Part 1 involved obtaining qualitative stakeholder feedback from 5 bereaved surrogates and 10 critical care and mental health clinicians. Stakeholders were provided with the manual and prompted for feedback on its content, format, and language. Feedback was organized and incorporated into the manual, which was then re-circulated until consensus. In Part 2, surrogates of critically ill patients admitted to an intensive care unit (ICU) reporting moderate anxiety or close attachment were enrolled in an open trial of EMPOWER. Surrogates completed six, 15–20 min modules, totaling 1.5–2 h. Surrogates were administered measures of peritraumatic distress, experiential avoidance, prolonged grief, distress tolerance, anxiety, and depression at pre-intervention, post-intervention, and at 1-month and 3-month follow-up assessments.
Part 1 resulted in changes to the EMPOWER manual, including reducing jargon, improving navigability, making EMPOWER applicable for a range of illness scenarios, rearranging the modules, and adding further instructions and psychoeducation. Part 2 findings suggested that EMPOWER is feasible, with 100% of participants completing all modules. The acceptability of EMPOWER appeared strong, with high ratings of effectiveness and helpfulness (M = 8/10). Results showed immediate post-intervention improvements in anxiety (d = −0.41), peritraumatic distress (d = −0.24), and experiential avoidance (d = −0.23). At the 3-month follow-up assessments, surrogates exhibited improvements in prolonged grief symptoms (d = −0.94), depression (d = −0.23), anxiety (d = −0.29), and experiential avoidance (d = −0.30).
Significance of results
Preliminary data suggest that EMPOWER is feasible, acceptable, and associated with notable improvements in psychological symptoms among surrogates. Future research should examine EMPOWER with a larger sample in a randomized controlled trial.
Substantial progress has been made in the standardization of nomenclature for paediatric and congenital cardiac care. In 1936, Maude Abbott published her Atlas of Congenital Cardiac Disease, which was the first formal attempt to classify congenital heart disease. The International Paediatric and Congenital Cardiac Code (IPCCC) is now utilized worldwide and has most recently become the paediatric and congenital cardiac component of the Eleventh Revision of the International Classification of Diseases (ICD-11). The most recent publication of the IPCCC was in 2017. This manuscript provides an updated 2021 version of the IPCCC.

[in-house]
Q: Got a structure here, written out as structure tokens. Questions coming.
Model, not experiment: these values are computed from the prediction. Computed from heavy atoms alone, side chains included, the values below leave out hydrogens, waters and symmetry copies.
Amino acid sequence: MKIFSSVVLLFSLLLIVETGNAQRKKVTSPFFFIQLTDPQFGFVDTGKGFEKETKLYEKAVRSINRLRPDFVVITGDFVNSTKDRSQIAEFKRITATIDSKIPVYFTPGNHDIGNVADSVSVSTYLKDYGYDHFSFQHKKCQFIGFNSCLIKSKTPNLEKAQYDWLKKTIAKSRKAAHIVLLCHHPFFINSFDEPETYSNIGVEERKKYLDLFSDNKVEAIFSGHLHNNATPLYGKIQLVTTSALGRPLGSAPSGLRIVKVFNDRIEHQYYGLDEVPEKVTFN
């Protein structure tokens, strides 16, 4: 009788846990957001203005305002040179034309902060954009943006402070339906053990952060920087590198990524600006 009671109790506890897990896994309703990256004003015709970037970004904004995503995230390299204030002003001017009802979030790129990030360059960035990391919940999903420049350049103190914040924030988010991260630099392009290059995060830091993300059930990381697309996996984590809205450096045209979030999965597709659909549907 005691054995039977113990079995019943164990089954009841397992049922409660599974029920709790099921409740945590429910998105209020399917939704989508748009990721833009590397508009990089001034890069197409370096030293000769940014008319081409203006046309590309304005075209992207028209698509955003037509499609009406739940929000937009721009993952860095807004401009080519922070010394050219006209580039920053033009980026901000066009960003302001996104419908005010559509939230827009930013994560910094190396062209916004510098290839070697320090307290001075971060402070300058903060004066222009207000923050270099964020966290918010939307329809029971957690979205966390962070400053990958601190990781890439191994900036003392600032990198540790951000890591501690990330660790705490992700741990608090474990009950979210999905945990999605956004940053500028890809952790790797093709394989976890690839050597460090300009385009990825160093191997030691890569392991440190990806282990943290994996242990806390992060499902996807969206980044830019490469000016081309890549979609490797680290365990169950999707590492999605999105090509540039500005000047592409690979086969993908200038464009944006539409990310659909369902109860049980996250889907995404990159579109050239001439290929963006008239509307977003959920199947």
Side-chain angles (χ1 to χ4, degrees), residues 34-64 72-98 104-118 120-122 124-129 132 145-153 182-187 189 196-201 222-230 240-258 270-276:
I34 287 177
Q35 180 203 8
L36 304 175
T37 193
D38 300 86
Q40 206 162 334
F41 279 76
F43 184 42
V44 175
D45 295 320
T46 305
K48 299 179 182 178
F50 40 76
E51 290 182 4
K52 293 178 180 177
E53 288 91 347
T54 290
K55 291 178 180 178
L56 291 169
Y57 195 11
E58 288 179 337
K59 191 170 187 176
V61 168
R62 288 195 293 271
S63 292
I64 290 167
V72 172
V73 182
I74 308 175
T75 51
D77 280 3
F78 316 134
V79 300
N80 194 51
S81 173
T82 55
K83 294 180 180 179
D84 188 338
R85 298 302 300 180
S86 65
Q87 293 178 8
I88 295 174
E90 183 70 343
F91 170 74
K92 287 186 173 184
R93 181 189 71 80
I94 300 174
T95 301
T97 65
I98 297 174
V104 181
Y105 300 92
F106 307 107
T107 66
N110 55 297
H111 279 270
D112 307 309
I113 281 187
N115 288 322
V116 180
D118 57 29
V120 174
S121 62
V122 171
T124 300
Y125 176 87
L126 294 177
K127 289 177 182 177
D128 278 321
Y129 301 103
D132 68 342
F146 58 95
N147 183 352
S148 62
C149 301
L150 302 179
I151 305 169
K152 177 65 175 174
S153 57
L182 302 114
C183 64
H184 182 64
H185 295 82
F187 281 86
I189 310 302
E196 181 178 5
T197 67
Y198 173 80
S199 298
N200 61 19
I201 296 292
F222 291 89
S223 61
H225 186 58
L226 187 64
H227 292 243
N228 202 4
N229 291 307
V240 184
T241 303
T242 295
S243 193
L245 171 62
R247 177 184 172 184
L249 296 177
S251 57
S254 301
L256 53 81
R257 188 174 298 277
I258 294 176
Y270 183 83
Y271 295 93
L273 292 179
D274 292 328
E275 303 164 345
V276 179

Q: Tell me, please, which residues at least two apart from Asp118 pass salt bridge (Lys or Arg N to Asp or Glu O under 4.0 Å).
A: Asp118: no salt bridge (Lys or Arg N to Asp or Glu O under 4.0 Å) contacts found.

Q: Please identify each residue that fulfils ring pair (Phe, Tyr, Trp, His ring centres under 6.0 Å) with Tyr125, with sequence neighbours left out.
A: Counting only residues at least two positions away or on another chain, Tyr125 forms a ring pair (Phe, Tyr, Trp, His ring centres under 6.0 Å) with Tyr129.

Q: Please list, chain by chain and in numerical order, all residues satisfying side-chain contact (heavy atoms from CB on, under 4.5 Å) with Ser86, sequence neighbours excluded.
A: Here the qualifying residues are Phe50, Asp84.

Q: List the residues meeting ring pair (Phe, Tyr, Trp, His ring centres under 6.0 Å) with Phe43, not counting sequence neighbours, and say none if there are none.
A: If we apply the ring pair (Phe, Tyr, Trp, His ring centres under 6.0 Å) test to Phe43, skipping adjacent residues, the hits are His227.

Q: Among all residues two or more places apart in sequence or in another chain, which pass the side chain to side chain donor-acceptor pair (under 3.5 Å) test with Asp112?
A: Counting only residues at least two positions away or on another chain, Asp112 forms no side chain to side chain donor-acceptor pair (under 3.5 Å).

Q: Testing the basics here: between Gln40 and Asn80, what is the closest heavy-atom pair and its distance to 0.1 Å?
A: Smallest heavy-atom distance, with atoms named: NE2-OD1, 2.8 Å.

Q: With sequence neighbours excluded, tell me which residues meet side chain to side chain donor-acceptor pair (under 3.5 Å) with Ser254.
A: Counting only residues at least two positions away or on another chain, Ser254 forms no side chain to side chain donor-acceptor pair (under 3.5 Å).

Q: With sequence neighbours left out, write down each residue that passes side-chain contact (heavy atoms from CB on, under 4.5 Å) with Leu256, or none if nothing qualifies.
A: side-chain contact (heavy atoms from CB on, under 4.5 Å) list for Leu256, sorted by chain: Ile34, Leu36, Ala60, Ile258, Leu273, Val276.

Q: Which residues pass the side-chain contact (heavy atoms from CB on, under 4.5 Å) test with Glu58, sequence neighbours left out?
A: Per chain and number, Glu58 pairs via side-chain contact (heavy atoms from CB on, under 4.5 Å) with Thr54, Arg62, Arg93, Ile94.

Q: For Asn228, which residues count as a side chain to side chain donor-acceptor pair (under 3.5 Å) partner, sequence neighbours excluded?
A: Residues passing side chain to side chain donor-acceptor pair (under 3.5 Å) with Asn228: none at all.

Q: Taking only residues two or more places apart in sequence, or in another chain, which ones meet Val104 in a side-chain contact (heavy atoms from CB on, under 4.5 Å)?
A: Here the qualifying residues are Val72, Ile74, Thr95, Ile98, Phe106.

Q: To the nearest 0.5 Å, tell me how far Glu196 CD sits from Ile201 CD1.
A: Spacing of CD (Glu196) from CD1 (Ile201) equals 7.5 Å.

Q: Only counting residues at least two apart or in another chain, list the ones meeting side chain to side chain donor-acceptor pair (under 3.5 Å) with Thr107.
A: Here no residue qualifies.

The International Society for Nomenclature of Paediatric and Congenital Heart Disease (ISNPCHD), in collaboration with the World Health Organization (WHO), developed the paediatric and congenital cardiac nomenclature that is now within the eleventh version of the International Classification of Diseases (ICD-11). This unification of IPCCC and ICD-11 is the IPCCC ICD-11 Nomenclature and is the first time that the clinical nomenclature for paediatric and congenital cardiac care and the administrative nomenclature for paediatric and congenital cardiac care are harmonized. The resultant congenital cardiac component of ICD-11 was increased from 29 congenital cardiac codes in ICD-9 and 73 congenital cardiac codes in ICD-10 to 318 codes submitted by ISNPCHD through 2018 for incorporation into ICD-11. After these 318 terms were incorporated into ICD-11 in 2018, the WHO ICD-11 team added an additional 49 terms, some of which are acceptable legacy terms from ICD-10, while others provide greater granularity than the ISNPCHD thought was originally acceptable. Thus, the total number of paediatric and congenital cardiac terms in ICD-11 is 367. In this manuscript, we describe and review the terminology, hierarchy, and definitions of the IPCCC ICD-11 Nomenclature. This article, therefore, presents a global system of nomenclature for paediatric and congenital cardiac care that unifies clinical and administrative nomenclature.
The members of ISNPCHD realize that the nomenclature published in this manuscript will continue to evolve. The version of the IPCCC that was published in 2017 has evolved and changed, and it is now replaced by this 2021 version. In the future, ISNPCHD will again publish updated versions of IPCCC, as IPCCC continues to evolve.